These days we find ourselves often looking out the kitchen window toward our friend Bridgette’s house. She, her husband, and her four very blond children (Scando Kids) defected in June — okay, well, she graduated from Uni with her law degree, and has moved to San Francisco to pursue the rest of her happiness.
The day we said goodbye, we met in the middle of the street in a flurry of hugs and well wishes. It occurred to both of us, then, that we had neither one been inside the other’s home, though we’d met last Spring.
Here’s the thing about everyday life: if you let it, it will make you into a terrible, terrible friend. You get busy. You get mired in routine. You get hung up on your own little grumpies and insecurities. You stay home. You never go downstairs, cross the street, and buzz the neighbor to come over for tea.
Granted: Bridgette and D. are students. Bridgette’s four kids are students. Bridgette’s husband and T. are very busy with their own business and interests, and all of our paths have diverged in nineteen different directions. Still…
Missing Bridgette waving from the window across the street is a little pinch — well, really, a little kick in the behind — that reminds us to be better friends to the people we have around us.
We finally had our friend C. over, and had our delayed Christmas-in-July dinner, and in honor of that, we made homemade sandwich cookies. Now, The Gluttonous Vegan calls them No-Reos, and Smitten Kitchen just called them handmade Oreos. To us, they’re just too sweet to be that classic cookie, and they’re also far too soft — but they’re yummy, and they look a lot like the cookies on which you see Cookie Monster chowing down on Sesame Street. Next time we make them, we’ll cut the oil required in half — we want a dryer, crisper cookie — and cut the sugar another third to give a greater contrast between the filling and the cookie itself. Also, we’ll make up the filling and add a drop more mint than we think we need, because the flavor seems to evaporate in the face of the sugar.
Here is the recipe, as it stands — we hope you fiddle with it and share your variations
Mini Monster Sammich Cookies
- 1 1/4 cup plain/all purpose flour
- 1/2 cup Dutch process cocoa
- 1 tsp baking soda
- 1/4 tsp baking powder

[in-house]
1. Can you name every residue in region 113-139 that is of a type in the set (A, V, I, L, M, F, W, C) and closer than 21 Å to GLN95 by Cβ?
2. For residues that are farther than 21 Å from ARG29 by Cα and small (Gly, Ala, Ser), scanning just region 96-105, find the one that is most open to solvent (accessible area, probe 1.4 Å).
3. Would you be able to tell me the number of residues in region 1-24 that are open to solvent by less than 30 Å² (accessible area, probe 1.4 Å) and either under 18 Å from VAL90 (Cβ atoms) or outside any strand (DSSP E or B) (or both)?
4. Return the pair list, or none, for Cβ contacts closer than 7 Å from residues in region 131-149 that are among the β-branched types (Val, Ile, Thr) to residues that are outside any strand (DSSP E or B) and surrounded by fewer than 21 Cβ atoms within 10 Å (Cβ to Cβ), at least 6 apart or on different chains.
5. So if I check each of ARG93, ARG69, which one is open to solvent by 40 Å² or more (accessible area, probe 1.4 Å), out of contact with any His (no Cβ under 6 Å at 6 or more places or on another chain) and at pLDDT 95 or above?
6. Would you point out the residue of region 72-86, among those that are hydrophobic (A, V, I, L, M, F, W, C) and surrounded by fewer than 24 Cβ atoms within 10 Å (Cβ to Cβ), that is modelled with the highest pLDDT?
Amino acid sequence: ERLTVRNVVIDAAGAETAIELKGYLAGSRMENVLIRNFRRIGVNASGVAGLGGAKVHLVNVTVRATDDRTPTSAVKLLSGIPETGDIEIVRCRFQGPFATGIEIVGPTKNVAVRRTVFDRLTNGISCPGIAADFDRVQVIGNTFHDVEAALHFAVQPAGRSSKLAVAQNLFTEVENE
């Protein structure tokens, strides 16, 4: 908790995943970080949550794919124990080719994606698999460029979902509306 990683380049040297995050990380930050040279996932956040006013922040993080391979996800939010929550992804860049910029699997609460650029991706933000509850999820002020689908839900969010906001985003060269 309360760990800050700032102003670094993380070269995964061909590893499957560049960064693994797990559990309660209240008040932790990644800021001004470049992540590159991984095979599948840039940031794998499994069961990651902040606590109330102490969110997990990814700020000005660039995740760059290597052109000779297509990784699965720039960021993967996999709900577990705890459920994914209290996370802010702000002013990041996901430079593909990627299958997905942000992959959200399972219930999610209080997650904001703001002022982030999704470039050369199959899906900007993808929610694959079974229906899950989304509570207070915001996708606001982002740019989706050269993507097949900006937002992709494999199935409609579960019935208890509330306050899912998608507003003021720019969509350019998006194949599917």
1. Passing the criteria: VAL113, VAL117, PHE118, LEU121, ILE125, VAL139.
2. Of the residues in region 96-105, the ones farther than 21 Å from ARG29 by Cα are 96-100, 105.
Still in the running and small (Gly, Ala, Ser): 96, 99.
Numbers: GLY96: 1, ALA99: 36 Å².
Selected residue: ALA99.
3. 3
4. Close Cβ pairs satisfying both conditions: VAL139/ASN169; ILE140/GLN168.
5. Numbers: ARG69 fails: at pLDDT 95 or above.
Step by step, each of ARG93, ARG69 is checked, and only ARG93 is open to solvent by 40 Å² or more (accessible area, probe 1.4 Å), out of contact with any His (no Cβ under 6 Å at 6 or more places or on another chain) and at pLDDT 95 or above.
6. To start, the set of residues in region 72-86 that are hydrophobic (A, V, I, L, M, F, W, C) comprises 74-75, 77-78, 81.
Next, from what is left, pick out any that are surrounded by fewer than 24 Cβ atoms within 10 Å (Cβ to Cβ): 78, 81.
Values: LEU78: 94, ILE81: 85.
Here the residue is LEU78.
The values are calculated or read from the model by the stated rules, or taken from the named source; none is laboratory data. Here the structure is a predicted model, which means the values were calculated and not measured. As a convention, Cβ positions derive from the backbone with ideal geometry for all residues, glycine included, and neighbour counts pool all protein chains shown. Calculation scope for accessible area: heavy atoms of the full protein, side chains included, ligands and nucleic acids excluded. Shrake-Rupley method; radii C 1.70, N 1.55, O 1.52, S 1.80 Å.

- scant 1/4 tsp salt
- 1 cup sugar (Seriously? You can get away with 3/4 c.)
- 1 cup butter or margarine, softened (Seriously: you can get away with less.)
- 1 tsp vanilla extract
- 2 tsp. milk
Sift together your dry ingredients, except for the sugar. In a small bowl cream sugar with your margarine, vanilla and milk, then add dry ingredients, a little at a time, until you have a dark, fragrant and smooth blend. This may give your hand mixer a run for its money; it’s quite a sticky dough.
We rolled out our dough between two layers of plastic wrap, then scored them so that we had four rows of nine squares. With moistened hands, we took each small square and rolled it, placing it about an inch and a half apart on the Silpat. (Parchment paper or a plain pan will do, too.) When our pan was filled with little balls of cookie dough, we lay a plastic wrap over the lot of them, and flattened them with a bench scraper. (If you want to flatten your cookies to an individual thickness, a guide like a pair of chopsticks comes in handy. We used these for the large cookies.)
Because Oreos are stamped (actually they’re probably baked in a pan with concave lettering so it stands out on the cookie when it’s baked) with words, we thought we’d make our own cookies specific and Christmas related. From T’s box of rubber stamps we located (and thoroughly washed) a star stamp, and used it to mark each cookie. The stamp must be one with a simple pattern and a lot of deep grooves to work.
We baked these cookies at 350°F/175°C for nine minutes per batch.
The filling of the cookies is easy enough — but we cheated. We had leftover cream cheese frosting from D’s workplace going-away-party cinnamon buns, so we added icing sugar to that and a bit of mint extract. For a from-scratch cookie filling, we’d suggest
2/3 c. of butter,
about a cup and a half of powdered or icing sugar,
a scant teaspoon of mint, orange, or almond extract. Or a high quality vanilla, if you must.
Cream the butter and add the sugar a little at a time, on a low speed, until you have a fluffy frosting.
We used a parchment paper bag and piped a half-inch circular schmear of frosting on a single cookie, and twisting on the cookie caps. We ended up with far more frosting than we needed, and tried to open the cookies and add more — be careful! The cookies want to stay together, once the frosting is set. A gentle twisting motion will reopen them as necessary, but it’s better to err on the side of adding too much filling instead of too little. Too much will at least squish out!
You needn’t wait to have friends over to make these. Heck, you can make these, shove them in a box, and just take them across the street, ring the bell, — and run away. Or, take them to work, and worry your coworkers with why you’re being so nice. Or, leave a box in the mailbox for the postman, or feed them to your kids with a glass of ice cold almond milk. We took a load of ours to friends with a new baby – and hope they enjoy eating them as much as we enjoyed making them.
Look up from your routine – and see the people around you. The sweet possibilities for friendship are endless.